The Shelf-Life of Christian Curriculum
By Kerry Jones
We all do it at some point in our lives. Stick that milk back in the refrigerator after smelling it and discovering it has indeed gone past it’s prime. But we hate to waste it. Maybe we could give it to the cat? Or use it for that homemade sour cream recipe we always meant to try? Unfortunately, our attempt at frugality is usually in vain, and we will eventually get up the courage to pour the foul-smelling stuff down the sink.
Whether we realize it or not, that past-dated milk sometimes has a good bit in common with our familiar Christian curriculum. It has served its purpose incredibly well for us in the past, but it just feels lately like it may have gone a bit sour. Even looking at it makes us pucker up and dread opening the lid! So what do we do? We want to give our children a strong Christian education, and we want them to grow into godly men and women, but we feel like we are in a rut. We want our children to continue loving learning, but our current curriculum is boring us to tears.
If we feel like this, are we heretics? Of course not. God has seen to it that homeschool never has to feel stale. Within the Christian homeschool culture, there are any number of ways to successfully homeschool your child. There are unschoolers, Classical schoolers, Waldorf schoolers, Montessori schoolers, Charlotte Mason schoolers, and Unit Studiers. Some homeschoolers use mostly video-based software, while others depend on the internet for their curriculum. Some do all their schooling at home, while others take advantage of homeschool co-ops in their communities. Believe it or not, some Christian homeschoolers even supplement their curriculum with secular materials that meet the specific needs their child.
The most important thing to do when you discover you curriculum isn’t working for you anymore is to go back to the basics. Ask yourself some key questions about your child.
· What type of learning do they most enjoy?
· What style of learner are they?
· Do they have any special learning needs?
· What reasons made you start homeschooling your child, and why do you continue?
The answers to these questions can and should greatly influence your curriculum choices. For instance, if your child is a visual learner, he may do poorly with a workbook-style curriculum. If your daughter learns best by demonstration and hands-on involvement, she will probably not excel with a video-based curriculum. If your child enjoys delving deeply into subjects that interest him, he might find unit study curriculum much more helpful than a simple textbook overview.
Also, ask yourself what it is about your current curriculum that has gone stale for you. And what do you wish it had, that it doesn’t. Chances are, there is another curriculum or perhaps a mix of curricula that will be just what you and your children need at this particular juncture of homeschooling. Sometimes, we go through a phase where we are simply tired of plain old milk. We need variety - - chocolate milk, strawberry milk, soy milk - - something different. I believe we are created to enjoy diversity from time to time. I recently wrote about this in an online article titled “A Different Drum.”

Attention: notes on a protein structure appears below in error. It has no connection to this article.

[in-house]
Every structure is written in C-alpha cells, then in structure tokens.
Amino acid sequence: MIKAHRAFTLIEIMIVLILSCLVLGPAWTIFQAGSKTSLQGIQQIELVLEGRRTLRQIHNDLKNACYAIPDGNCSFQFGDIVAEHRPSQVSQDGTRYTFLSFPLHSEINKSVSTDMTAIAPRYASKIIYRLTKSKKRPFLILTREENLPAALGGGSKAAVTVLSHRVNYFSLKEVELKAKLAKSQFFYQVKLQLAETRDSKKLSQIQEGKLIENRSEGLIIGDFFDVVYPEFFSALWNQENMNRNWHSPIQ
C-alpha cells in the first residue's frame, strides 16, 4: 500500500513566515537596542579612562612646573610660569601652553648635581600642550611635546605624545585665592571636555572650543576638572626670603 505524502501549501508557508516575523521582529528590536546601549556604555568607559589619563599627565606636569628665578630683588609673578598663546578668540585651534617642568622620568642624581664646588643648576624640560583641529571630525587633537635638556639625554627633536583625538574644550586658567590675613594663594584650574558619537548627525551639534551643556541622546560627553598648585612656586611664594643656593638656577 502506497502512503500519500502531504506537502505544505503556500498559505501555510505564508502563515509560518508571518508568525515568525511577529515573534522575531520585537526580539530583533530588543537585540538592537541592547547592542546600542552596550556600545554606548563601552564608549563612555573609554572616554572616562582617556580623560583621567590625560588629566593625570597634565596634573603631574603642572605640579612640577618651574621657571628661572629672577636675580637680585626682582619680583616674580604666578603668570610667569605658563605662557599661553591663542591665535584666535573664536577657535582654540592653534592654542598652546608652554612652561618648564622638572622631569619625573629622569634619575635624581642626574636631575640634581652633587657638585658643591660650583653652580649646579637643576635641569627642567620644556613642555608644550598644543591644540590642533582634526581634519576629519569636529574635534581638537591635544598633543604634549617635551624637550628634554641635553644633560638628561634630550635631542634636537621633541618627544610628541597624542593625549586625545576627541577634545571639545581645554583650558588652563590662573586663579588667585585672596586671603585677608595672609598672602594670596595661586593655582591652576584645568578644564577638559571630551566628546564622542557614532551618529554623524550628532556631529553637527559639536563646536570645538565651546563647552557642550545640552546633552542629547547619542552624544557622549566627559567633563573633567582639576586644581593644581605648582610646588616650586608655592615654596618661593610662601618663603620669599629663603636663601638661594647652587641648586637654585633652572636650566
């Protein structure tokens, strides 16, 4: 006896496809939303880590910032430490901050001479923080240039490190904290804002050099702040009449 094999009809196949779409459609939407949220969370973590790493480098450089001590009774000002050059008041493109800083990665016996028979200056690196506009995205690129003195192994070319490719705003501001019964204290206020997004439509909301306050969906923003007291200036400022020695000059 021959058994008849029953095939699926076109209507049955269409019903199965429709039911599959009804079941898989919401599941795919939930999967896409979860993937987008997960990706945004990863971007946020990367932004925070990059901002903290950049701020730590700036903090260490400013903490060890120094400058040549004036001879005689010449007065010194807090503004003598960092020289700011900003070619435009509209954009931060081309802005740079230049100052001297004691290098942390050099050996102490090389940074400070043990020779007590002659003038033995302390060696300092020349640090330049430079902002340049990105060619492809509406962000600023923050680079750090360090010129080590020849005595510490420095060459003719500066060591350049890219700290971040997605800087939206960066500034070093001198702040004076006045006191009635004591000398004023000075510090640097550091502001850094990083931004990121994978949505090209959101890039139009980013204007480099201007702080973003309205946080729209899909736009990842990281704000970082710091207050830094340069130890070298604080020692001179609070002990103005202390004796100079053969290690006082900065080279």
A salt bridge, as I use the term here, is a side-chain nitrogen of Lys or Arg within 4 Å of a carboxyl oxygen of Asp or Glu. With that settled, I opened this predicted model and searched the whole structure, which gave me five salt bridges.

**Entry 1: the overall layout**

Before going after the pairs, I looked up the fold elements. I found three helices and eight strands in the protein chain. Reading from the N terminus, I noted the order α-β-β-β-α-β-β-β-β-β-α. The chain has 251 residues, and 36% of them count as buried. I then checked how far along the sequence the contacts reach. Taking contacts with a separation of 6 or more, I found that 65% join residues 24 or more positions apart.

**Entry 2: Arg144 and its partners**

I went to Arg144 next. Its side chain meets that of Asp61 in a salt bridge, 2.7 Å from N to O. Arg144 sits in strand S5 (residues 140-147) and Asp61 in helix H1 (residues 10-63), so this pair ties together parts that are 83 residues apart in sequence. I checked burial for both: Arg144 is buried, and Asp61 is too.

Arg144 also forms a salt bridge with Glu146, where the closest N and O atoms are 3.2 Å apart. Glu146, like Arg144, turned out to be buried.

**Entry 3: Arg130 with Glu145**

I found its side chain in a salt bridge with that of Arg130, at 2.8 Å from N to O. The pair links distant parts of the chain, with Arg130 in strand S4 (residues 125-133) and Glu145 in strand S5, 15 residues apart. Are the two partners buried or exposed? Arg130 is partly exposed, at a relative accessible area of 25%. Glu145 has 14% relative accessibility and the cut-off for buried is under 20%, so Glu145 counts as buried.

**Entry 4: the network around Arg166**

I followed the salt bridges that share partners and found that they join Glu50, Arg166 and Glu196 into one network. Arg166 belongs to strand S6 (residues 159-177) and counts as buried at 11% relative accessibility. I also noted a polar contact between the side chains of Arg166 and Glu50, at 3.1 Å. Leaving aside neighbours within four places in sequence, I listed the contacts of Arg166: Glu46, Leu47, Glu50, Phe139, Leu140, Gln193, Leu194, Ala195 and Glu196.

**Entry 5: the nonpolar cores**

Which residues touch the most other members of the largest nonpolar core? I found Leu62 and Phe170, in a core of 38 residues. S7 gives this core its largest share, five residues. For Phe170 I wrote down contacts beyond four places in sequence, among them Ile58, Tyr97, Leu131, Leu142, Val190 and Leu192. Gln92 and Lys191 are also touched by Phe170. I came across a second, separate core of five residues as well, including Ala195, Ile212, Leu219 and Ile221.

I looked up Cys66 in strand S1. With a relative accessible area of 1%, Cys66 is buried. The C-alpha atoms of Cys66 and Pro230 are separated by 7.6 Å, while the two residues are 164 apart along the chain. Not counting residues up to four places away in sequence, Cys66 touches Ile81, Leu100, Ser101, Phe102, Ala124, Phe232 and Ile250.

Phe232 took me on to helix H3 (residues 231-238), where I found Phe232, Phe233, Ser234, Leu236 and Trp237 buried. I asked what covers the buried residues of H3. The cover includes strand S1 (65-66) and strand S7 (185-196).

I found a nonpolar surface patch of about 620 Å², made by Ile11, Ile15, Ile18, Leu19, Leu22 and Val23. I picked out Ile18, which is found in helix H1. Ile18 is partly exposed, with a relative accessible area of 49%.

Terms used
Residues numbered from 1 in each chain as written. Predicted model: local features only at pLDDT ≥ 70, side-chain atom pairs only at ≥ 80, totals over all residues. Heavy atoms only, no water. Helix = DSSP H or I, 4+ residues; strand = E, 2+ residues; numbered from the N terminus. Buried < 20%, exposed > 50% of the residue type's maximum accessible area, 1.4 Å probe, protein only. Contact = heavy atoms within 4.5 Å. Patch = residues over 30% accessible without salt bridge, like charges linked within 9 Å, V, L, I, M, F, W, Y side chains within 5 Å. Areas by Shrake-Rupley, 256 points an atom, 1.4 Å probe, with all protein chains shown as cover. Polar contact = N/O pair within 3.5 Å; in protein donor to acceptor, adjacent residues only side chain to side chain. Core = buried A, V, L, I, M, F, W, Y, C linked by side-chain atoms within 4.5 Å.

“Because of this, I know that when I hit the roadblocks of life, I can find a way around them. When my children face the challenges of being different, I can remind them that means they are on the right track! When the normal battles of life take over my home, I understand that I will win the war in the end. And when I have laid my head down on my pillow at the end of a difficult day, and wondered why God has called me to this thing called “homeschooling” - - I will remember that it is because I have been called according to His purpose. Called to be different.”
In my experience, one of the greatest ways to jumpstart your homeschool motor again is to completely switch gears. Instead of pulling out the textbooks and worksheets one morning, how about announcing that you are going to do an online curriculum for a while? Time4Learning.com is a company that has an incredible multimedia homeschool program without long-term contracts or high monthly fees. An interactive, engaging, computer-based curriculum may be just what you need to freshen up your homeschool stale spell. But if that sounds too radical for you, you might at least consider using an online program to supplement or enrich your current curriculum.
The key to long-term homeschool success is flexibility, and the willingness to experiment to find what works. The most difficult step is finding the courage to pour the old milk down the drain when it has passed its usefulness. Once you have diagnosed the problem, the solution will be just around the bend. So gather your courage - - and go sniff out the source of that sour smell coming from the direction of your homeschool materials. You will be glad you did!